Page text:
What are you thoughts after seeing the cover of “Haven” magazine? Do you agree or disagree with the statement that the child model’s hair looked like ‘big hair’ and made the picture suggestive? The editor-in-chief thought that the picture was beautiful and non-sexual. But when they showed the picture to passerby’s, a lot of them thought that the child did look a little proactive, while others said outright that the picture was inappropriate.

Short-Term Effects On Young Girls

So what short-term effects of corporate pedophilia and hypersexualization are there on young girls, specifically, tweens and teenagers?

Watch the video “Sexualization of Teen Girls” below and find out what one teenager’s advice is to young girls about how to deal with the pressures of body image through hypersexualization in the media.

Do you agree with the short-term effects of hypersexualization described in the video? Let’s discuss some of the short-term effects hypersexualization has on modern teenagers today:

  • False Values. Studies have shown that hypersexualization in advertisements send the message to young girls and teenagers that looking sexy and desirable is important for validation. Obviously, this notion gives young girls false values. By buying into hypersexualization, young girls and teenagers learn at a very young age that dressing sexy and looking sexual is important for them to be accepted and liked.
  • Challenging Clothing Choices. Just like the young lady said in the video “Sexualization of Teen Girls”, she has a difficult time finding clothes where she can dress modestly. With fashion retailers selling tight-fitting and revealing clothing to the tween and teen markets, it’s made girls believe that dressing sexy at a young age is acceptable. It’s no wonder that many school systems have revised dress codes pertaining to what girls can and cannot wear to school because it is deemed inappropriate to wear items such as short-shorts and half tops.
  • Materialism = Happiness. Hypersexualized advertisements of young girls drives consumer consumption. It also tells young girls and teenagers that the more you buy, the happier you’ll be. We all know that that acquiring material things does not bring everlasting happiness to a person. It looks like a lot of teenagers don’t buy into mass consumption, check out this blog by Zoe called “Awakening of a High School Student“.
  • False messages from young celebrities. Young girls and teenagers turn to celebrities who are similar to their age to see what they’re wearing and who they’re dating. We’ve seen a handful of celebrities like as Miley Cyrus, Rihanna, Katy Perry, and Selena Gomez cater to their target audience: mostly young girls and teenagers in their endorsements and music videos.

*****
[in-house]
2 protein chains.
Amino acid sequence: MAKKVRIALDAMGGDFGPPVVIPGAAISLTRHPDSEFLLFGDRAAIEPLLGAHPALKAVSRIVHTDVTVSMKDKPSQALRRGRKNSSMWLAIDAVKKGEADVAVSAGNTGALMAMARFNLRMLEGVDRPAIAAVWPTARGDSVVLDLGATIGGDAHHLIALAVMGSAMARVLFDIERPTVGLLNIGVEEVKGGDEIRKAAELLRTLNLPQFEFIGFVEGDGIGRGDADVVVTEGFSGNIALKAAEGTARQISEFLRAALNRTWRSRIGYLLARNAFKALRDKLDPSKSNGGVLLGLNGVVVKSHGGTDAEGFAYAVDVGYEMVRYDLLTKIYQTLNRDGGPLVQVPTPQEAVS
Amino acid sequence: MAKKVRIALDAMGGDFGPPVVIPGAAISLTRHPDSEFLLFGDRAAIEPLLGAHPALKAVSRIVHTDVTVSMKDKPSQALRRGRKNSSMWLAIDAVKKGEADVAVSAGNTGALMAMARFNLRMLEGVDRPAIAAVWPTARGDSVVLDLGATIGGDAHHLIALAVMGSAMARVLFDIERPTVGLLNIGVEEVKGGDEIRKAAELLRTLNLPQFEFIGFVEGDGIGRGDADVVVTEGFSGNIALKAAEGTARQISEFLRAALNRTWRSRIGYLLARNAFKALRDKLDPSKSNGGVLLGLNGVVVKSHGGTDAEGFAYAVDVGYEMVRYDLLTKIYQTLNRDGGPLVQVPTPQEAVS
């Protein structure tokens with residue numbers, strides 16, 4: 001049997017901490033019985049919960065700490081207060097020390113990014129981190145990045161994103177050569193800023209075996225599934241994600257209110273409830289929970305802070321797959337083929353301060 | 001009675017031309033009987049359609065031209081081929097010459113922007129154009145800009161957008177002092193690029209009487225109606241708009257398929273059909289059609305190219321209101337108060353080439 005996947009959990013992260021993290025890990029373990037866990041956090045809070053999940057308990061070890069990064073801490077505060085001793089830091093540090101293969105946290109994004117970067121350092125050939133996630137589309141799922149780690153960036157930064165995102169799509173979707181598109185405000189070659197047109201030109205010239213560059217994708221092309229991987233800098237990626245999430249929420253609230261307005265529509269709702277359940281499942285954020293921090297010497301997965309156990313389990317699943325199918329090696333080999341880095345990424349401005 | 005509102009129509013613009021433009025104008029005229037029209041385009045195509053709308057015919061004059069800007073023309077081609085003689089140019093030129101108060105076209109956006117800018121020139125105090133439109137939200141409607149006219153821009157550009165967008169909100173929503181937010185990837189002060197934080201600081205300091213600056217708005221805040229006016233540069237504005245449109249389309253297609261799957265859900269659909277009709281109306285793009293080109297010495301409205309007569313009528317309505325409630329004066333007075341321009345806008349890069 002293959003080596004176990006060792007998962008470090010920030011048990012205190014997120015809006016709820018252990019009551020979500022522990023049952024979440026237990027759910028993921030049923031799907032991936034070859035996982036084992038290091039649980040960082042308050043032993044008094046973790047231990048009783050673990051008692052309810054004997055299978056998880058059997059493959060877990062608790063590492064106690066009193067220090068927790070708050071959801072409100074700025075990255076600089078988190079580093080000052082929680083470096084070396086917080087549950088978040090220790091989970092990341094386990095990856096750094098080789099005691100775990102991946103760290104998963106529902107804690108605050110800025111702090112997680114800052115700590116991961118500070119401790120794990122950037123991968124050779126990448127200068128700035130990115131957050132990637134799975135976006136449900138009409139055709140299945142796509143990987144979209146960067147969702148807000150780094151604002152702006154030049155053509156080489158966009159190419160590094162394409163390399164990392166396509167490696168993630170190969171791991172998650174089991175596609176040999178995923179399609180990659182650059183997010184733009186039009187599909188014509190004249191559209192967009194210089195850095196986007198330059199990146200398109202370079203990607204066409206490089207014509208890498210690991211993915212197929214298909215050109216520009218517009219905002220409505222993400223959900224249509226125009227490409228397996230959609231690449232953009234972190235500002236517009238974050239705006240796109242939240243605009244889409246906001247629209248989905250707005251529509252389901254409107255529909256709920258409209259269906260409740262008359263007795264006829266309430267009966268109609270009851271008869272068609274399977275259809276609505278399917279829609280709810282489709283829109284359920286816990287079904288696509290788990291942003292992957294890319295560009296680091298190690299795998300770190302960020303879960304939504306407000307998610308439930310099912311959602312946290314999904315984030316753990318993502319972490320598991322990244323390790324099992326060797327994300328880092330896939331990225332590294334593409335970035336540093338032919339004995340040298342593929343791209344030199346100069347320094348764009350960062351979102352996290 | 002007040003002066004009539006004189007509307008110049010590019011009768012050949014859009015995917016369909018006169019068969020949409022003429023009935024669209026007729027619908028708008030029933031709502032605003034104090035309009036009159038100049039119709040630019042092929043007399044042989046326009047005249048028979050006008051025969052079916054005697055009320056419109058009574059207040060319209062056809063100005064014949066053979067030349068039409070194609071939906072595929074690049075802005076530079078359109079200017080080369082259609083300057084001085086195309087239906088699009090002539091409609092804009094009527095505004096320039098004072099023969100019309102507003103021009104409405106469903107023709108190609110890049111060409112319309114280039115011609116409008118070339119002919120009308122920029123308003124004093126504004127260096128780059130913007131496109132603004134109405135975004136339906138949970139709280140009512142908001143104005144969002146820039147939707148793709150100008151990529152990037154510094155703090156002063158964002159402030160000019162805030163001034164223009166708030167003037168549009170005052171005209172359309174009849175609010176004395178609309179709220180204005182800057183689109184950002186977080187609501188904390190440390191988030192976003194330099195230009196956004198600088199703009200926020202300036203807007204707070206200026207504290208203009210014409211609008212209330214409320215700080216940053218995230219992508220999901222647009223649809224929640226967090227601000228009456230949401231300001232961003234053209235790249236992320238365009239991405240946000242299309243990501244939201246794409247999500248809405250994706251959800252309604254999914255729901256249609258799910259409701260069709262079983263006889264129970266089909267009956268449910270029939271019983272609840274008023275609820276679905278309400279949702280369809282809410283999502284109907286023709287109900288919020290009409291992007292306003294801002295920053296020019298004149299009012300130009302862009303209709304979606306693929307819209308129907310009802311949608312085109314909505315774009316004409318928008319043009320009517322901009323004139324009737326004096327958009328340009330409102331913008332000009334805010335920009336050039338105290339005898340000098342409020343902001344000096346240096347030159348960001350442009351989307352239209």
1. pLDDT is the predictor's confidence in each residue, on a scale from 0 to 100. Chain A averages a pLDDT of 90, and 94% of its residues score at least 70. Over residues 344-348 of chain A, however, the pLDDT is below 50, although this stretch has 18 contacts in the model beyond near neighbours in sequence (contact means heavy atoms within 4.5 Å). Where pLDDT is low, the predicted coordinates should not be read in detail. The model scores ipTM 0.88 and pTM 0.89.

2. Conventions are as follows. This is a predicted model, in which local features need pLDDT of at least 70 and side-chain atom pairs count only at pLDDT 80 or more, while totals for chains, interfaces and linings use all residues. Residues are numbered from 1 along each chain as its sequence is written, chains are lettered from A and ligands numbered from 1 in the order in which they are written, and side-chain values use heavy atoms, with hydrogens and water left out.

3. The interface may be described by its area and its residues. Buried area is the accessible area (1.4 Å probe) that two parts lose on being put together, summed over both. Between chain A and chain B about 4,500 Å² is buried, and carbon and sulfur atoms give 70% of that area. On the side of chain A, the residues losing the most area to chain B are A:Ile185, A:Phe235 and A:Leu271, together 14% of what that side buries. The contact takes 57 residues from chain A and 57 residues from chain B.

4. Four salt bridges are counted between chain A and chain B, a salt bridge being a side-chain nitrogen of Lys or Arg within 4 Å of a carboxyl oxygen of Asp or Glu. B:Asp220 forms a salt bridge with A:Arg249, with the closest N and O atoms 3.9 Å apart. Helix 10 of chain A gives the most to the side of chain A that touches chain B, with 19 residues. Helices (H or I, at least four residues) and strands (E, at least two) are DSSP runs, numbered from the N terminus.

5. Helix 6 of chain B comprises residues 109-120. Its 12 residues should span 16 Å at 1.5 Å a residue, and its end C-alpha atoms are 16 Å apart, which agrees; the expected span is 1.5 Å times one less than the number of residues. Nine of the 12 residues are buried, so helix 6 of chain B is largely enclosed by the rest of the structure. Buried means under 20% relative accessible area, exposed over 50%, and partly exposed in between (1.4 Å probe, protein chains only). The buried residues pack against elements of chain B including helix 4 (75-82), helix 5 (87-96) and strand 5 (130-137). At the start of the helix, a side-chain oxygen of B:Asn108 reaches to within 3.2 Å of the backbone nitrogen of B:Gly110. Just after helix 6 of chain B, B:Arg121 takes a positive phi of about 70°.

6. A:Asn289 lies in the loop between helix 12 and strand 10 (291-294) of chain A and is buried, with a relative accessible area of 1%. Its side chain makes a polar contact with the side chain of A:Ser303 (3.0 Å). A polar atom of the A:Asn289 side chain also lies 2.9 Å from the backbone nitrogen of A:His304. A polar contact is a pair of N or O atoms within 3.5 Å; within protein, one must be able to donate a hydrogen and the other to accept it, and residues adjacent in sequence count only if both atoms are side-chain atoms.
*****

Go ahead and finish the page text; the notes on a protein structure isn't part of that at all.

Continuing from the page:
Long-Term Effects On Young Girls

Before we discuss how hypersexualization can disturb a young woman’s healthy development into adulthood, watch actress Geena Davis talk about the long-term effects of hypersexualization on young girls and boys.

So what happens when girls and teenagers buy into hypersexualization in the media? Here are some long-term effects:

  • Cognitive and Emotional Problems: Hypersexualization undermines a young person’s self-esteem and acceptance of their own body. This can result in poor body image problems and develop into shame, depression, and anxiety.
  • Physical Health. Girls and boys who struggle with poor body image or low self-esteem based on what they see in the media are more likely to develop eating disorders such as anorexia or bulimia, as an attempt to try to look like the computer-enhanced pictures on the Internet and in advertisements.
  • Getting Plastic Surgery While Still Going Through Puberty. This is a new phenomena affecting young girls due to the prevalence of plastic surgery clinics open and affordable to the public. Since hypersexualization presents girls looking perfect and sexual, many teenagers are opting for plastic surgery for breast implants, butt implants, and facial reconstruction, in order to look like models in the media.
  • Sexual Development: Research claims that the hypersexualization of girls has a negative impact on their ability to develop a healthy sexual self-image. Low self-esteem and a lack of self-confidence can lead to promiscuity, poor performance in school, and alcohol & drug use.

What Can Parents Do?

The good news is that hypersexualization can easily be dealt with if you’re raising girls in the 21st century. Here’s some tips to follow when helping your daughter deal with hypersexualization:

  • Keep your kids active. The less time girls spend browsing through magazines and social media, the more the chance for parents to keep them active in hobbies that are non-virtual! This also means turning off the T.V. When girls are active in something that is unrelated to what they look like, such as playing sports, dance classes, arts & crafts, and even Girl Guides they gain self-confidence based on the activity and rewards that are not based on looks.
  • Talk about digital footprints. It’s scary nowadays knowing that one provocative picture can be forwarded to thousands of social media accounts with just one click of “Send”. Talk to your kids about the dangers of posting pictures of themselves online. Remind them that any pictures they upload will stay out there forever. I know you’re cringing now, but with so many users ‘sexting’ online on social media, your daughter could be faced with the request to send nude pictures of herself to strangers. Take the time to talk to her about respecting her body online and offline.

The Bottom Line

The bottom line is: hypersexualization is saturating the market and teaching girls to be sexual at a very young age. But as parents, you can talk to your daughters about the effects of hypersexualization and help them gain self-awareness. If you and your kids want to shop ethically, check out Organic Natural and Healthy Clothes For Your Little One.

Do you have a personal story about the hypersexualization of young girls and body image? Share your story, by becoming a Trusted Clothes volunteer and help those going through the same.

What are your thoughts on corporate pedophilia and hypersexualization in the media? Is it going away any time soon? Is it harmful to kids? Tell us your comments and thoughts, we’d love to hear from you.

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8 thoughts on “The Hypersexualization of Young Girls in Advertisements Affects Body Image

  1. I think this is is all very troubling.

    I mean, not only is it morally wrong that all of this is happening, but what kind of logical person would find someone not even in puberty hot?

    Aren’t people attractive because they are well… Developed, healthy, and in proper condition to start producing children?

    How much of this is little girls copying older girls and women, and how much is sick people in charge of the media? What are your thoughts on this?

  2. Pingback: Hollywood Today #Draft3 sexualisation of women – L'Anglomane

  3. Pingback: Advertising | Portraiture – S R H